The tighter the predictions about what will happen on April 11 in Ecuador’s presidential elections, the more personal the attrition strategy between the two candidates becomes. Andrés Arauz, the candidate of the UNES alliance sponsored by Rafael Correa, and Guillermo Lasso, from CREO-PSC, deepened the intersection between them in the presidential debate two Sundays ago. Since then, the mutual attacks have not stopped. The campaign proposals and the measures they will take if they govern have gone into the background, while electoral polls suggest that the vote of Ecuadorians will be very divided.
Before the first round, Andrés Arauz offered a $ 1,000 bond to one million families to attract voters to the Union for Hope proposal. Guillermo Lasso then spoke of raising the basic salary from 400 to 500 dollars if the alliance of the CREO movement and the Christian Social Party reached the Carondelet palace. This week, the former reproached “the dirty campaign” of the latter in a message in which he accused Lasso of “bank embezzlement.”
“Several months ago I filed a criminal complaint that Guillermo Lasso’s dirty campaign is being financed with resources from the Bank of Guayaquil,” the correísmo candidate launched in a video on social networks. The financial entity, of which Lasso was CEO until 2012, denied his participation in any political campaign and denounced the “malicious content of such messages.”
Polls related to Arauz give him an advantage of more than 10 points over Lasso in the electoral runoff on April 11, with 55.7% of valid votes compared to 44.3% of his rival, according to figures from Social Climate. But the other pollsters authorized by the National Electoral Council show a more adjusted scenario between the two. Click Report, with a neutral trend, gives Lasso a slight advantage with 51.49% of the valid votes – once the null and white votes are discounted – compared to the 48.51% that the UNES figure will reap. The Market pollster predicts that 42% of Ecuadorians will give their support to Arauz, 41% to Lasso, 11% will vote null and 5% blank. The statistics prepared by Omar Maluk, although they do not speak of the results of the second round, analyze where the 16% of the votes won by Xavier Hervas, the Democratic Left candidate who finished fourth in the first round, will go. According to his prediction, 12% will go to Lasso – whom Hervas himself prefers – and 4% will go to Arauz.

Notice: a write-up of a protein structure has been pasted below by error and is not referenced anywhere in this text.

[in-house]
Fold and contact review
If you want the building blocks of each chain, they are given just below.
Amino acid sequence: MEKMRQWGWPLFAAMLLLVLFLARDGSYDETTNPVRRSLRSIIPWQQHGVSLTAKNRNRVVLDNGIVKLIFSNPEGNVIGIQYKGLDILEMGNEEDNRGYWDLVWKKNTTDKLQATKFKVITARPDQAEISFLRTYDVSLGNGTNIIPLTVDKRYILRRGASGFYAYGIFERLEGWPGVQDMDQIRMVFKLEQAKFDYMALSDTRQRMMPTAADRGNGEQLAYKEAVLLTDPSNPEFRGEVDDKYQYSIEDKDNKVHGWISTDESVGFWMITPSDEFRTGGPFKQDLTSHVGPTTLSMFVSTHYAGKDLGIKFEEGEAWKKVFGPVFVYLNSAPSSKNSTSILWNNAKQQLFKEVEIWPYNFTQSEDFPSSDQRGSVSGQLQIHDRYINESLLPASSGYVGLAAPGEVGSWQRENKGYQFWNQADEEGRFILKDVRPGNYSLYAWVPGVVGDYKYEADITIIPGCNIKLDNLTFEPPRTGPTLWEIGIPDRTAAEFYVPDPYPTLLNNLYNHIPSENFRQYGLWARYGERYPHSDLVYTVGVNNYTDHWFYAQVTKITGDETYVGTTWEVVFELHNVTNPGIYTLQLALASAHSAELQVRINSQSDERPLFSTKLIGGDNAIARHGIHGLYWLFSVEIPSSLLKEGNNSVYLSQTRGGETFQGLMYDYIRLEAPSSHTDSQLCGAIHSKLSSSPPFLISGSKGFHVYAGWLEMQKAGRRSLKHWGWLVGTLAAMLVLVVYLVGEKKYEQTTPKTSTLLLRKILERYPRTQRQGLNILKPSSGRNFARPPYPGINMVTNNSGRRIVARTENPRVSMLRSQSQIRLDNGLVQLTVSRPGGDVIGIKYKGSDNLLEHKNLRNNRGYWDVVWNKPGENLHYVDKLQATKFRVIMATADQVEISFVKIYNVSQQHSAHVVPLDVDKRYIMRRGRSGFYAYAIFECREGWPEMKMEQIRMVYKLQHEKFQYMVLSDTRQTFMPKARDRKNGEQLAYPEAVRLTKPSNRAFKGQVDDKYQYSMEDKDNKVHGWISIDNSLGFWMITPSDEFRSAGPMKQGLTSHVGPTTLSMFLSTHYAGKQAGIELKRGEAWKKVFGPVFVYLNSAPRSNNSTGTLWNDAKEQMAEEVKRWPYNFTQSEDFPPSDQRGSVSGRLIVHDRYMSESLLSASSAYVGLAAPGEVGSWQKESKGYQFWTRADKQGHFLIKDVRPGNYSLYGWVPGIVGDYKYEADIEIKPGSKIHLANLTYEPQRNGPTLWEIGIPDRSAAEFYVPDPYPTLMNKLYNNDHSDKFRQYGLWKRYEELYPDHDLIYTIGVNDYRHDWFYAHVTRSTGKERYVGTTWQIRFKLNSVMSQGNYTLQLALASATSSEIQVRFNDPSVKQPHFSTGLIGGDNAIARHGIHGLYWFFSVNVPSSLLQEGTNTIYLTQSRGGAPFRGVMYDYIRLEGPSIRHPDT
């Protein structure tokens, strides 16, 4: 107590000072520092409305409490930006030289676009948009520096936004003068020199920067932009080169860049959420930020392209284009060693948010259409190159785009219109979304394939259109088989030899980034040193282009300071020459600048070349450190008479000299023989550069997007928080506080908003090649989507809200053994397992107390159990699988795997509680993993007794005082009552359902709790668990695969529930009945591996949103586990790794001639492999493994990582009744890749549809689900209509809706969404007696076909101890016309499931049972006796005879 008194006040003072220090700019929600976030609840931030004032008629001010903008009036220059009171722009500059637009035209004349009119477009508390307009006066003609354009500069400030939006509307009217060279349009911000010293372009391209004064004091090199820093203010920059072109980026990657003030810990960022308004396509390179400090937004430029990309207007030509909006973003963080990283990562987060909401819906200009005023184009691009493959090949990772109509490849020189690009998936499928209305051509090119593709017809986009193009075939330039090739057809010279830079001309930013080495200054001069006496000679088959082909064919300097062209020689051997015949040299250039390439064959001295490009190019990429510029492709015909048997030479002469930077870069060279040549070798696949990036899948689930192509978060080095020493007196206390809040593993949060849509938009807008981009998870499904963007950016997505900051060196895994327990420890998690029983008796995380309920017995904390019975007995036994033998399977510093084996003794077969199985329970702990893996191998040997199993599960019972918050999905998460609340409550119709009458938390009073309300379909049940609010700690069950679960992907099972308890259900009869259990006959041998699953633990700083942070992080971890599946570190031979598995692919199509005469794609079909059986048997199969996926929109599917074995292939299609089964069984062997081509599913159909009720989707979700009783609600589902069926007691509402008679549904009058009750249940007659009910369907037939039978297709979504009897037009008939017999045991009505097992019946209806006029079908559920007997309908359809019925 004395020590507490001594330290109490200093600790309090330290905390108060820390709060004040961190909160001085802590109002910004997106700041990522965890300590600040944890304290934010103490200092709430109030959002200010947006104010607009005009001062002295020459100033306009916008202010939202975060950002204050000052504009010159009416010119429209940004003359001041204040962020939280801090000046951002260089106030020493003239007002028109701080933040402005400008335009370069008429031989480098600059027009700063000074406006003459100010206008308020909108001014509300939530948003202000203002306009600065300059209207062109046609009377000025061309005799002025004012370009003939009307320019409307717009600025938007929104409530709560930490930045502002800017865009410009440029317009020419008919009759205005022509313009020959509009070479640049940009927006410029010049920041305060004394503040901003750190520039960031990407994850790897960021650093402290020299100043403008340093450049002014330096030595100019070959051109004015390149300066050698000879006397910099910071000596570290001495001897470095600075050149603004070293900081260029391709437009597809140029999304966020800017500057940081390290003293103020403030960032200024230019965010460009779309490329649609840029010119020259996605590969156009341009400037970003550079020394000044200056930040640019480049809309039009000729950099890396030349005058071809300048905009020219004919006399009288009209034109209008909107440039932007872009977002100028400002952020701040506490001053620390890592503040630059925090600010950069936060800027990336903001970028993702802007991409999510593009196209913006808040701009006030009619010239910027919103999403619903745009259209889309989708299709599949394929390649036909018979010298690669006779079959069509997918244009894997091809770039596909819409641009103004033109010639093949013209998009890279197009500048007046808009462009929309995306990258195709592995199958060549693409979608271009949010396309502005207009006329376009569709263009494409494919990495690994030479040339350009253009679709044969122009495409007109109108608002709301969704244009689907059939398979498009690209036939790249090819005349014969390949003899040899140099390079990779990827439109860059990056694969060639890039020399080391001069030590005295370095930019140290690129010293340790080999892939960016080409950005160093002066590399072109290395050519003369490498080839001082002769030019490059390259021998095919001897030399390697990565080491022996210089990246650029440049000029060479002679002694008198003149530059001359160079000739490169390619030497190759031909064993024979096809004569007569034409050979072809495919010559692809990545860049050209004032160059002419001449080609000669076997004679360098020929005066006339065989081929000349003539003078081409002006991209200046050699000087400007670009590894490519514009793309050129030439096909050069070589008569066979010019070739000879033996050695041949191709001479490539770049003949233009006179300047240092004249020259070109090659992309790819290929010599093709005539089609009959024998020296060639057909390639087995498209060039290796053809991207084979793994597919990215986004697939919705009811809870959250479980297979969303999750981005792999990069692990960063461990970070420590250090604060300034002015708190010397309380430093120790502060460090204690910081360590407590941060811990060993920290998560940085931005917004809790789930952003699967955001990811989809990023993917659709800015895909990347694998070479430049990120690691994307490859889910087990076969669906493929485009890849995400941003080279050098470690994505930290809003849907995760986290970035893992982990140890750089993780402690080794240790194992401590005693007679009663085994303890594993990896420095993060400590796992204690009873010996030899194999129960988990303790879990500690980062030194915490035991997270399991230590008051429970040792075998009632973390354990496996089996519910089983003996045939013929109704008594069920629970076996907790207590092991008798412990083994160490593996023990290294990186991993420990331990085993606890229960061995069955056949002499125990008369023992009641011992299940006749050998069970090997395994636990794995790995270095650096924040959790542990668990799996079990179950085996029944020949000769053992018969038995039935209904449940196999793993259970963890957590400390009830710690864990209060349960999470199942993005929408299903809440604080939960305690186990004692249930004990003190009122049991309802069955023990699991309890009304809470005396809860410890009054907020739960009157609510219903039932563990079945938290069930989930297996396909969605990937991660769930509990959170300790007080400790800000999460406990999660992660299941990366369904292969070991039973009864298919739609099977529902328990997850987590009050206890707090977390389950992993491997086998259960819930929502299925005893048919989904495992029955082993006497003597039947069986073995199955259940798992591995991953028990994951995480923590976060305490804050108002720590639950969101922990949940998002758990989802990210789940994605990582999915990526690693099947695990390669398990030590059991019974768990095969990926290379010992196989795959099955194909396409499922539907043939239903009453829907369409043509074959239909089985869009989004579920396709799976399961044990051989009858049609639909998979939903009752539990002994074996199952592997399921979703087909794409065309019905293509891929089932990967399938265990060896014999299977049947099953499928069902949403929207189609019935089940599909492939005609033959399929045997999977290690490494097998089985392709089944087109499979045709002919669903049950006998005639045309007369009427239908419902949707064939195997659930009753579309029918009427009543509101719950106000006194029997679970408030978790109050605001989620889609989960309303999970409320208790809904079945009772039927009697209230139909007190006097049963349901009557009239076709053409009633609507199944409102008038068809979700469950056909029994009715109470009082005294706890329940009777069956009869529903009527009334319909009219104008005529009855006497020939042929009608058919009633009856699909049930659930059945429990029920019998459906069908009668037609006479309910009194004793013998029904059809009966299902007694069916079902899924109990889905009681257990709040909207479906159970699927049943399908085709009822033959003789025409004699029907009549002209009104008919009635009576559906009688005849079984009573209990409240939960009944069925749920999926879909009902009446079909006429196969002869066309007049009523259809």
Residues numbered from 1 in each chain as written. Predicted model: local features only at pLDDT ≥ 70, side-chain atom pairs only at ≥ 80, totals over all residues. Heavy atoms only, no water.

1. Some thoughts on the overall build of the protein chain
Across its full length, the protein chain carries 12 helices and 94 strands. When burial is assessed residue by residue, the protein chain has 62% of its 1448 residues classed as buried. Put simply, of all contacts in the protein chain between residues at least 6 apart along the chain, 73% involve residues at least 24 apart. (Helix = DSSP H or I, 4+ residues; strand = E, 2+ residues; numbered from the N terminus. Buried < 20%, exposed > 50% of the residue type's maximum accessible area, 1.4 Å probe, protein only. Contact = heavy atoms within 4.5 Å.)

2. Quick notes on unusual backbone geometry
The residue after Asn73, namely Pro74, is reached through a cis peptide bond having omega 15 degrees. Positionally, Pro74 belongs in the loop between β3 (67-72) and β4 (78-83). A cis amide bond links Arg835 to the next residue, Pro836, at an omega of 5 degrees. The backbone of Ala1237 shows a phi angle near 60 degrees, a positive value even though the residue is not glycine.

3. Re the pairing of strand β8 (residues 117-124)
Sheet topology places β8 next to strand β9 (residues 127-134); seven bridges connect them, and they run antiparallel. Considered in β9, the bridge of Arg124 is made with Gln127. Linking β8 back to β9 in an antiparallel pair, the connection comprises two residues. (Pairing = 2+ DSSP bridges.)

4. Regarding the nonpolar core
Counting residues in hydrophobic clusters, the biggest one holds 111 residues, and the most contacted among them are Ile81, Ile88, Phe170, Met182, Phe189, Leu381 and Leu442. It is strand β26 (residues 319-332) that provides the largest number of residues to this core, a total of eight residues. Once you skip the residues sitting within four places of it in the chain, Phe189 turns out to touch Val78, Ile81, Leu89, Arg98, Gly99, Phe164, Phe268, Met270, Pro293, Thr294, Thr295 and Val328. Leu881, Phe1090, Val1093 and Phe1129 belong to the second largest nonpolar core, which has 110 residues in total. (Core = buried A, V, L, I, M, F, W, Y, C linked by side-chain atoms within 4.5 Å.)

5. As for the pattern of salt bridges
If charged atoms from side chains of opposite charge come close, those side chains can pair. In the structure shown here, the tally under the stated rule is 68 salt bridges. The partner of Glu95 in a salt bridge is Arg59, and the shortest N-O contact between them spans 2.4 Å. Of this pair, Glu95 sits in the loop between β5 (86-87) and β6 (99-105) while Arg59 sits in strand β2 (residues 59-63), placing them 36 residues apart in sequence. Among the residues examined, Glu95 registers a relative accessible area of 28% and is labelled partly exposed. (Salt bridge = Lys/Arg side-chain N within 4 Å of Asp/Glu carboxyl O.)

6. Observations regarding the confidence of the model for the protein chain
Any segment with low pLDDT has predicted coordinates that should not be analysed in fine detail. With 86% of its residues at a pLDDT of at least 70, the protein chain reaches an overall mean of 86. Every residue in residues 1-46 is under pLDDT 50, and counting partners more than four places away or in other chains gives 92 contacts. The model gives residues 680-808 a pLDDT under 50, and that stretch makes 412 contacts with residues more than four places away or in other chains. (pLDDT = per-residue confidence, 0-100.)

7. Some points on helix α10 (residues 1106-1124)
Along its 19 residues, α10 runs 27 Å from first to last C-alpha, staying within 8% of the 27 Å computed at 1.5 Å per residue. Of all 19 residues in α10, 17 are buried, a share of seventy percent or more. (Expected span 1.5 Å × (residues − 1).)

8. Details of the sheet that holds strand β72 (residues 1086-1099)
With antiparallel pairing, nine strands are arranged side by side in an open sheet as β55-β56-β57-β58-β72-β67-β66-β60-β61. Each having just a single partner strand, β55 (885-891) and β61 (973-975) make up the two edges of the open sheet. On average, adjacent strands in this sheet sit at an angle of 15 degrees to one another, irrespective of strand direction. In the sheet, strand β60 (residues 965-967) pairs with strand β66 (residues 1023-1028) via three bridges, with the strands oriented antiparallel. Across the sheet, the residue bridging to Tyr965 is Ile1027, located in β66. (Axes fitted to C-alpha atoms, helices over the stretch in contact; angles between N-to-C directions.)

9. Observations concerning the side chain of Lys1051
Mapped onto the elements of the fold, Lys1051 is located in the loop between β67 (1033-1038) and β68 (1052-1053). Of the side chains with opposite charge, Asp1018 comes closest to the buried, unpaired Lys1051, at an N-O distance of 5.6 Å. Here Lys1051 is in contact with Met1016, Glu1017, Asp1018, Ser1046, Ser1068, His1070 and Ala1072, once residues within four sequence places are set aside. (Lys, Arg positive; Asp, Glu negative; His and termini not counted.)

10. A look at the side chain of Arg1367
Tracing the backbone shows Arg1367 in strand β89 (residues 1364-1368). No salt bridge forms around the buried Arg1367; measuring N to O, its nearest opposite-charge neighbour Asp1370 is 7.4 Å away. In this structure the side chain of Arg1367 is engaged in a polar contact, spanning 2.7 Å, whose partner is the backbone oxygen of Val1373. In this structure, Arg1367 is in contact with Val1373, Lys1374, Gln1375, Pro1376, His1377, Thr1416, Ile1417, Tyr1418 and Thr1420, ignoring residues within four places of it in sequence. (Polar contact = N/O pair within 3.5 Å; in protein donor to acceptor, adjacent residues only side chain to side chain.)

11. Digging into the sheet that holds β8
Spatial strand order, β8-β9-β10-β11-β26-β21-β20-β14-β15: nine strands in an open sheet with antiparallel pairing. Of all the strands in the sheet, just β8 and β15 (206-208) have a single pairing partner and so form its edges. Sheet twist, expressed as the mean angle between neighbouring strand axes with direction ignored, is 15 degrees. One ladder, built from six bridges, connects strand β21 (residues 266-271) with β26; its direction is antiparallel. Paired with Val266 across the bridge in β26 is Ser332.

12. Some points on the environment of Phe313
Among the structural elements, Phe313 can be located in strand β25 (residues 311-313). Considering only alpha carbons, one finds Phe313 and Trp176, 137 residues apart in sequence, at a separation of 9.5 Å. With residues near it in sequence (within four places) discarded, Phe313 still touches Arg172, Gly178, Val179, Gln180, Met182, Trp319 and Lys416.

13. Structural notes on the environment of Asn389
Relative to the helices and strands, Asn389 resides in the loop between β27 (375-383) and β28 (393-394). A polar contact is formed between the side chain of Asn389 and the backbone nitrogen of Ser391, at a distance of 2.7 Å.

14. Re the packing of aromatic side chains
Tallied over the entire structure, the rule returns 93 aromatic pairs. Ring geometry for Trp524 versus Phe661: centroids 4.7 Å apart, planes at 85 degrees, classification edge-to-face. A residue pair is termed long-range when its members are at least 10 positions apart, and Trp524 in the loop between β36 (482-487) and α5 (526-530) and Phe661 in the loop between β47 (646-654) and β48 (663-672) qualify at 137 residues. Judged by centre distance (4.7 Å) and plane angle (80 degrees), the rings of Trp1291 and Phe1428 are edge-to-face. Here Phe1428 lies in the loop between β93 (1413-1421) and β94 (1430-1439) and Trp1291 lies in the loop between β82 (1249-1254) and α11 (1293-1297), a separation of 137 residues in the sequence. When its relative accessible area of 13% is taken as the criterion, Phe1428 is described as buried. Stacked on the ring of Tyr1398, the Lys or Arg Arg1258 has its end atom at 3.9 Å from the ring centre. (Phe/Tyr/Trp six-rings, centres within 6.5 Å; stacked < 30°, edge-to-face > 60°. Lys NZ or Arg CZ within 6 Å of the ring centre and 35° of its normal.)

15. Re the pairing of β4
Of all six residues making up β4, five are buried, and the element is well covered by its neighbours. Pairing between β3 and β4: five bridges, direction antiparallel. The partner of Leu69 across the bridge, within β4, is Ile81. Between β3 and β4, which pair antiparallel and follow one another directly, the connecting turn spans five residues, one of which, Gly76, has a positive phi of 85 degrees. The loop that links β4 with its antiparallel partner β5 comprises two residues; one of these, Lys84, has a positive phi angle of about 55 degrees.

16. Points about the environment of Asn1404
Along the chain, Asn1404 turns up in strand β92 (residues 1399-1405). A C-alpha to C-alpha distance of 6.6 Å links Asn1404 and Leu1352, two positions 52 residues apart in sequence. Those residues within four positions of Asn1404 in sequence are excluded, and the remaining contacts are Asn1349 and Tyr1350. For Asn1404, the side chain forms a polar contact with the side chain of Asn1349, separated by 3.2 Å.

These figures reflect that Guillermo Lasso, who remained behind in the first round polls with greater distance, has cut the advantage that Arauz had. After the presidential debate, the candidate of the Ecuadorian right took advantage of a catchy tagline that he launched in the meeting with Arauz to fight the reproaches he received. “Andrés, not while again.” He repeated it in the debate and made it a trend in social networks, where the attrition strategy. His impact grew this week, when it came to light that Arauz had actually worked for only two of the 12 years in which he has remained in the records of the Central Bank of Ecuador as a civil servant.
The opposition to Arauz has exploited that revelation to decaffeinate one of the main attacks of the UNES campaign: that Lasso has co-governed in the shadows with Lenín Moreno in the “worst government in history”. Arauz, according to the criticism received, worked for the State until mid-2020, although in those 12 years as a public official he spent 10 with licenses without exercising and when he left office he received $ 27,000 in compensation.
The tension in the political environment has not, however, eliminated the high percentage of undecided Ecuadorians. Click Report collects that 14.18% of voters will opt for the null and 8.08% are not clear about their decision. Clima Social counts 20% of null votes and 17% of undecided. And for Market, the nulls and whites add up to 16%. Ultimately, these numbers will depend on which candidate the polls will lean towards on April 11.
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Eddie is an Australian news reporter with over 9 years in the industry and has published on Forbes and tech crunch.